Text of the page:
Stamps of approval for beating winter blahs
February 25, 2014 By U.S. Postal Service
Feb. 25, 2014 — The U.S. Postal Service celebrates the blooms that
brighten the gray days of winter by issuing the Winter Flowers Forever
Feb. 25, 2014, Little Rock, AK — The U.S. Postal Service celebrates the blooms that brighten the gray days of winter by issuing the Winter Flowers Forever stamps.
Available in booklets of 20, the Forever stamps were issued during the American Philatelic Society AmeriStamp Expo 2014 at the Statehouse Convention Centre in Little Rock.
|Pictured clockwise from upper left are the four featured plants – amaryllis, cyclamen, Christmas cactus and paperwhite.|
Art director Ethel Kessler, of Bethesda, MD, chose four winter-blooming flowers with colours that worked together as a group yet stood out individually.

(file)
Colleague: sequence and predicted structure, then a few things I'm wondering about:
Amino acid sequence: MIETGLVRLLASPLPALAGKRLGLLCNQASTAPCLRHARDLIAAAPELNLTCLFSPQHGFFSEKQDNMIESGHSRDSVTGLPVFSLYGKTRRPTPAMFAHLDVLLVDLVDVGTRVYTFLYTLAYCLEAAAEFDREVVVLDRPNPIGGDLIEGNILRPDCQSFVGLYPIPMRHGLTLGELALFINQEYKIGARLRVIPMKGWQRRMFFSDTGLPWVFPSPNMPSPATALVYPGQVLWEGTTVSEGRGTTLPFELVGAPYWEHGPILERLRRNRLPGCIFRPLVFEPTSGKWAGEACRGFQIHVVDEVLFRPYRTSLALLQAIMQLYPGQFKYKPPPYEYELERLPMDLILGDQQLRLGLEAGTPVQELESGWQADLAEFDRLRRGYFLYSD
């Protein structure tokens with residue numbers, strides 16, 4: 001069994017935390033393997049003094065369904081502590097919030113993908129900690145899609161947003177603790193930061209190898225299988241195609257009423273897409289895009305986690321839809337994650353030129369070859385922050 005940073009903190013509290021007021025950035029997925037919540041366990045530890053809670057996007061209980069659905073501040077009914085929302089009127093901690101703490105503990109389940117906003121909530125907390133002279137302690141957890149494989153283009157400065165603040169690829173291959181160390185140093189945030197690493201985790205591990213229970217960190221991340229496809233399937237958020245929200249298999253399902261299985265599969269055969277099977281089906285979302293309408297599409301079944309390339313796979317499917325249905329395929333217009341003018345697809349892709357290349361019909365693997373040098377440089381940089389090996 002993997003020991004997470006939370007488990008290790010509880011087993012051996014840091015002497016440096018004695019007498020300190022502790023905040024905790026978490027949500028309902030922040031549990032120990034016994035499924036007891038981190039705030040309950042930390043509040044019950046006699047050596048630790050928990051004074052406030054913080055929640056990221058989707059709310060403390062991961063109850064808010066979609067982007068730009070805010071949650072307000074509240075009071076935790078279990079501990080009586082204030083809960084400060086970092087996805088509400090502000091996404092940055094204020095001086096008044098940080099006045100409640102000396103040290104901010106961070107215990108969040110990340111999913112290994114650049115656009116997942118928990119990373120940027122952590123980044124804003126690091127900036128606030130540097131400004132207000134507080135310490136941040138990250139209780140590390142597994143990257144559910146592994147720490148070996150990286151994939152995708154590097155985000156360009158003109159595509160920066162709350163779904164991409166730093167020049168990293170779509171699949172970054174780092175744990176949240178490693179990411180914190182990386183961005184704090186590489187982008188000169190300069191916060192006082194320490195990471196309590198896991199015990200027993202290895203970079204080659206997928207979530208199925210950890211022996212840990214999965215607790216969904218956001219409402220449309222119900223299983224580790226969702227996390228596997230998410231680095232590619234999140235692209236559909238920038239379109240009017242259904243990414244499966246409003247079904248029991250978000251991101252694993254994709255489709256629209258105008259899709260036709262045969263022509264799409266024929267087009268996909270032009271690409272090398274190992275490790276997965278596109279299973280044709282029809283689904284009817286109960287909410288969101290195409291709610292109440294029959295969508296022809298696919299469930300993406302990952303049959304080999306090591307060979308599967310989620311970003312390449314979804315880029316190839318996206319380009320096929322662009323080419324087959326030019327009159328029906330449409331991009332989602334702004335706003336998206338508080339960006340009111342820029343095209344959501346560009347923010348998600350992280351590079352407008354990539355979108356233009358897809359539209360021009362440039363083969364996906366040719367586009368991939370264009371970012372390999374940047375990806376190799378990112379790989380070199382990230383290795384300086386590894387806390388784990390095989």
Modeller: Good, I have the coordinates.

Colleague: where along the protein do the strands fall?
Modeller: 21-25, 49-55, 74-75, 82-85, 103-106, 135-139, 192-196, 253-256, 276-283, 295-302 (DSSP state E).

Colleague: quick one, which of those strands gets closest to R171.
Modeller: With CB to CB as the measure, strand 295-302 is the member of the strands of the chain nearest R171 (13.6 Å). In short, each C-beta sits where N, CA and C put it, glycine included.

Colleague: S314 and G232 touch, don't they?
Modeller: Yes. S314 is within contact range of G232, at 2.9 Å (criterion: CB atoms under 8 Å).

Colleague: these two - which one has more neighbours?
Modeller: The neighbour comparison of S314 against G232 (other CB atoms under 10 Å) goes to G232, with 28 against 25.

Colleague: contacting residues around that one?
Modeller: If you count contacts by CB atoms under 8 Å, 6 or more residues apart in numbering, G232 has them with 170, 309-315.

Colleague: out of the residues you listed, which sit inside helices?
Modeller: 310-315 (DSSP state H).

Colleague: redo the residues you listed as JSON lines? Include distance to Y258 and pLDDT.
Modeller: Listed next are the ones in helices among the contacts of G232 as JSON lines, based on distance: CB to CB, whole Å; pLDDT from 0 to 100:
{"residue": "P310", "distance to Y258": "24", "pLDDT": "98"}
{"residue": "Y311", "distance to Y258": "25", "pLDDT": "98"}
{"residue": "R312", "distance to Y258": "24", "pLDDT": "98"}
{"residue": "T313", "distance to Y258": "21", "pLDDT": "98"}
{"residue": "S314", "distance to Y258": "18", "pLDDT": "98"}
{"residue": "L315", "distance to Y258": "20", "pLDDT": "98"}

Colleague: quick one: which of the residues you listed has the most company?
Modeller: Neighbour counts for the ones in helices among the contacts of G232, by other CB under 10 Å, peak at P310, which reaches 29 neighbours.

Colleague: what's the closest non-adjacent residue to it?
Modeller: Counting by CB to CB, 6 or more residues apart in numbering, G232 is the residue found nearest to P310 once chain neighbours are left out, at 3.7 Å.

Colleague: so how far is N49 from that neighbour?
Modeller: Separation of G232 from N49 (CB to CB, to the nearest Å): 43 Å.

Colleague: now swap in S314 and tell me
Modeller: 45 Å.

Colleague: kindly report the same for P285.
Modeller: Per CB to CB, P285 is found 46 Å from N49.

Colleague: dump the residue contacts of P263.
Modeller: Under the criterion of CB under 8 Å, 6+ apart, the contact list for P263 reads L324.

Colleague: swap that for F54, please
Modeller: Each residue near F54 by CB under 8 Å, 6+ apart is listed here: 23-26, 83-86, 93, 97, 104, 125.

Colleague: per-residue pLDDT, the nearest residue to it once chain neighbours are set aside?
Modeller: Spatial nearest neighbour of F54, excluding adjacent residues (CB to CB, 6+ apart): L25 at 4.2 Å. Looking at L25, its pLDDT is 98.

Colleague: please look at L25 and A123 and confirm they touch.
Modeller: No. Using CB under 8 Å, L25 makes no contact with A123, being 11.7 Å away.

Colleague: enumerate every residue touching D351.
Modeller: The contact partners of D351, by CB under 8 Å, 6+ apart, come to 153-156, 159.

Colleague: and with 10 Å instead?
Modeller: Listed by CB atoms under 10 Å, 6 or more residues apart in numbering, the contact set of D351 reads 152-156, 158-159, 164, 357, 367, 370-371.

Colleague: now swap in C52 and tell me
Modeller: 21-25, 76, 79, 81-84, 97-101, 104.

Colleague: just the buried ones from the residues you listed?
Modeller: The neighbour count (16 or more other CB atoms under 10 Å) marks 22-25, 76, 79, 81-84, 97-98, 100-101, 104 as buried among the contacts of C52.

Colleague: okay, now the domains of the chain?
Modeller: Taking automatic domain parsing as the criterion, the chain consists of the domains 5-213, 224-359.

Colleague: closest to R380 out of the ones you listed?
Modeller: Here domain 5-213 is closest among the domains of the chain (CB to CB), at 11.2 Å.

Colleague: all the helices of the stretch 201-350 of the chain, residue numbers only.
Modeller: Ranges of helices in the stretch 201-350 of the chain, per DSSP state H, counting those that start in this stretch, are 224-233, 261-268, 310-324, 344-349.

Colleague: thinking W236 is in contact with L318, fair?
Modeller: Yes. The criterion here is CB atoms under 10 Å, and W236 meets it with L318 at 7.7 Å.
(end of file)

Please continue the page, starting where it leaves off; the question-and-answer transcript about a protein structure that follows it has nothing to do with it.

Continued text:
Potted plants served as stamp artist William Low’s models. To keep the images fresh, he photographed the flowers at their peak, capturing details in close-ups that accentuate the plants’ foliage and blossoms.
• A native of South America, the amaryllis produces two-to-three-foot stalks topped by large single or double trumpet-shaped flowers in colours that include red, salmon, orange, pink, rose and white.
• Florist’s cyclamen has gained popularity in the U.S. as a winter-blooming potted plant. Produced on long, leafless stems, the sweetly scented flowers have five petals, four up and one down, that are held upright above the foliage.
• A favorite tradition at the holidays, the Christmas cactus is easy to grow indoors. The plant, which is naturally winter-blooming, has flattened stems that bloom with flowers in yellow, salmon, pink, fuchsia and white or sometimes in combinations of those colors.
• The paperwhite is the most fragrant type of daffodil. Like the amaryllis, the paperwhite can be induced to bloom indoors where its sweet floral scent will completely fill a room.
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